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Skid Steer Post Driver Works Like A Jackhammer
Montana fencing contractor Floyd Yoder looked for a simple and hardworking fence post driver to mount on his skid steer for several years but could never find one he liked. One day he was driving posts into the ground so hard he thought heíd need a jackhammer to get the job done. That spurred him to start building his own driver.
  Yoderís first machine was twice as large as the one he had been using. Still, it didnít have the power he needed, so he refined and rebuilt it during the next 4 years. When neighbors saw how well his machine worked they wanted one. Now Yoderís company manufactures 3 drivers with 500, 750 and 1,000 ft. lbs. of energy. All of them work with a unique jackhammer-type action that typically hammers posts at the rate of 800 pneumatic blows a minute. The 500-lb. model is made with a 5/8-in. plate steel frame and the 2 larger models have 3/4-in. frames. Oil flow of 8 to 16 gpm is needed for the model 500, 12 to 21 gpm for the 750 and 14 to 26 gpm for the 1000.
  Yoderís Montana Post Driver handles wood, steel, pipe and T-posts equally well. His largest model, which weighs 2,000 lbs., mounts on skid steers 75 hp or larger. All 3 models are made of heavy duty steel and have only 2 moving parts and a single grease fitting. The domed hammer holds a post securely while the operator views the plumb line to center, level and align the post before its driven. The plumb line also serves as a depth gauge.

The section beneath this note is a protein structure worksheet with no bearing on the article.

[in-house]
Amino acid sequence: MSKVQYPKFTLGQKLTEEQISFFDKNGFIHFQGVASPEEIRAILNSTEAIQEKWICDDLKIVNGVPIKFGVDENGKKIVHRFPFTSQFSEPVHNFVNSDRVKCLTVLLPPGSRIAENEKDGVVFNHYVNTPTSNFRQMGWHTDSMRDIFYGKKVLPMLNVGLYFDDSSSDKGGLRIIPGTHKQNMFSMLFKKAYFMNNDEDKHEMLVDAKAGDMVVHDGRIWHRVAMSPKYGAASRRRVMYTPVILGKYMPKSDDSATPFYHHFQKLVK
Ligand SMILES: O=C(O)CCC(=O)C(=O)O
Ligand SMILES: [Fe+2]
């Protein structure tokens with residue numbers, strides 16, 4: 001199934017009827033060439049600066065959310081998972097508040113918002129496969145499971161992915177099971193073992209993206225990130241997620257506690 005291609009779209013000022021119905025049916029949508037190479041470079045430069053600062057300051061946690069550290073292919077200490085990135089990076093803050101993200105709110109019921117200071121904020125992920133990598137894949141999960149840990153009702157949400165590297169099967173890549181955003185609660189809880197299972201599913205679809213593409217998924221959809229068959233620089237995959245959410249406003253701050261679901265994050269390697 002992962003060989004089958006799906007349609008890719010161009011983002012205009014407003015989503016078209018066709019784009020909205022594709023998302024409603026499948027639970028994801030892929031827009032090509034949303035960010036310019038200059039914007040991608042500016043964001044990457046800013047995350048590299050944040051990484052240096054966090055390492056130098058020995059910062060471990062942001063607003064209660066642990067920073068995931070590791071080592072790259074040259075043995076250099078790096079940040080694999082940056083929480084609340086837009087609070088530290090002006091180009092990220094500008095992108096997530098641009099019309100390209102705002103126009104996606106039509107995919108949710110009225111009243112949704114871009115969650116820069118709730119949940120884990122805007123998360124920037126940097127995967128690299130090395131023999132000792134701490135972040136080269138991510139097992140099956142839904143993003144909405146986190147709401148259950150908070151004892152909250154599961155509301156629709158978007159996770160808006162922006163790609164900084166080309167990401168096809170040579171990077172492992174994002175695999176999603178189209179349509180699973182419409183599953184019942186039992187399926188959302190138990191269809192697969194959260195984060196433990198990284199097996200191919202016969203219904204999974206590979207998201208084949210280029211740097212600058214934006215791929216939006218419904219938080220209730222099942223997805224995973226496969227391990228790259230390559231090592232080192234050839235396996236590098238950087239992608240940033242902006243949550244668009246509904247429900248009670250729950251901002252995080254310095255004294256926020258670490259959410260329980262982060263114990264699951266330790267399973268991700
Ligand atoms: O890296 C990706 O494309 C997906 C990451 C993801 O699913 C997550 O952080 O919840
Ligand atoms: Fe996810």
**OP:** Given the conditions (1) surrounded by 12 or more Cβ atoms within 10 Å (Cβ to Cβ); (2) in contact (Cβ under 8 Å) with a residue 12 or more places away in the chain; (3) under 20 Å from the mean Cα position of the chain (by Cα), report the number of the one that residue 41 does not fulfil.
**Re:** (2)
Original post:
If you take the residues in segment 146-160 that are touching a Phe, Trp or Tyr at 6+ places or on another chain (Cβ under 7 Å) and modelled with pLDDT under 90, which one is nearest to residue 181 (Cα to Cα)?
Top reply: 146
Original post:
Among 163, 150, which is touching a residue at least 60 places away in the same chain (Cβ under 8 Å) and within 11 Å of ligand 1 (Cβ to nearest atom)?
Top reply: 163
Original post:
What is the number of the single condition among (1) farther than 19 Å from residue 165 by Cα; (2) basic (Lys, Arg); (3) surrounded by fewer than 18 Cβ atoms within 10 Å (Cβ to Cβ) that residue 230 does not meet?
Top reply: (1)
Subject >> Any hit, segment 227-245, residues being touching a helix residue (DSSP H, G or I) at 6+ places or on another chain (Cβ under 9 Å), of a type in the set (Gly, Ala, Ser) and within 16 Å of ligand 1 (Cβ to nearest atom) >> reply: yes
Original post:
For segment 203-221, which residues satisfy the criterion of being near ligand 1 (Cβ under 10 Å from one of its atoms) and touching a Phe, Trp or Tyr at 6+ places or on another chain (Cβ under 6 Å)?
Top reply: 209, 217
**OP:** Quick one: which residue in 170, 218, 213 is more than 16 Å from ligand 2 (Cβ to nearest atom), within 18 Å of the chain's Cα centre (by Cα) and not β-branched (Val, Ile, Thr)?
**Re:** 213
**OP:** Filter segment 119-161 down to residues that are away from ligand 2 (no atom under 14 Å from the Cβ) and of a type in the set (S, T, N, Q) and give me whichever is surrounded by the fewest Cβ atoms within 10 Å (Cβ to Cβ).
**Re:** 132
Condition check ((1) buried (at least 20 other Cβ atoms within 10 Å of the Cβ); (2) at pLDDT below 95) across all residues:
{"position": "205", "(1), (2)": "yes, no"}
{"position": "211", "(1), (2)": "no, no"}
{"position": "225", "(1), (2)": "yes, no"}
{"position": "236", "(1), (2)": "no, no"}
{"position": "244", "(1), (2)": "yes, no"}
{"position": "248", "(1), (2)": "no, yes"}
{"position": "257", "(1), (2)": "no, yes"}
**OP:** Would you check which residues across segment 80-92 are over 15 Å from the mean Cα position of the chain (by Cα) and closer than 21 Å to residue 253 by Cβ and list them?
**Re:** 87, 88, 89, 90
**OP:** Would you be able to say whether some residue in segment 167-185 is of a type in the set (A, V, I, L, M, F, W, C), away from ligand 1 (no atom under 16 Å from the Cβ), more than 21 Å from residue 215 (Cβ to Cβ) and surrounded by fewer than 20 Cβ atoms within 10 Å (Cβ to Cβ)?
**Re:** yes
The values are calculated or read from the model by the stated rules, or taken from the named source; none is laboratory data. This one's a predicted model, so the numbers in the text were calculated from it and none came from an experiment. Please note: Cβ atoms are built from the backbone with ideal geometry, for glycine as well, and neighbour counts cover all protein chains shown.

In addition to its ruggedness and simplicity, other important aspects of the driver is its ability to set and drive posts on either side of strung wire. All parts of the driver are above the post and wonít interefere with the wire as posts are set. When the driver is mounted on a skid steer, the steel frame doubles as a rack to carry several posts to a job site.
  Yoder says his driver has a low center of gravity, so it rests on the ground when itís removed from a skid steer. He says some competitive models are top heavy and need to set against a building or frame, so they remain upright when disconnected.
  Yoder is proud of the fact that he sources the steel and other parts for his machine from the U.S. The hydraulic drive unit, for example, comes from Arrow Head Rockdrill in California. Suggested prices are $11,000 for the model 500, $13,000 for the model 750, and $15,000 for the model 1000.
   Contact: FARM SHOW Followup, Montana Post Driver, 2514 Gold Creek Road, Gold Creek, Mont. 59733 (ph 877 539-0317; www.montanapostdriver.com).



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2015 - Volume #39, Issue #4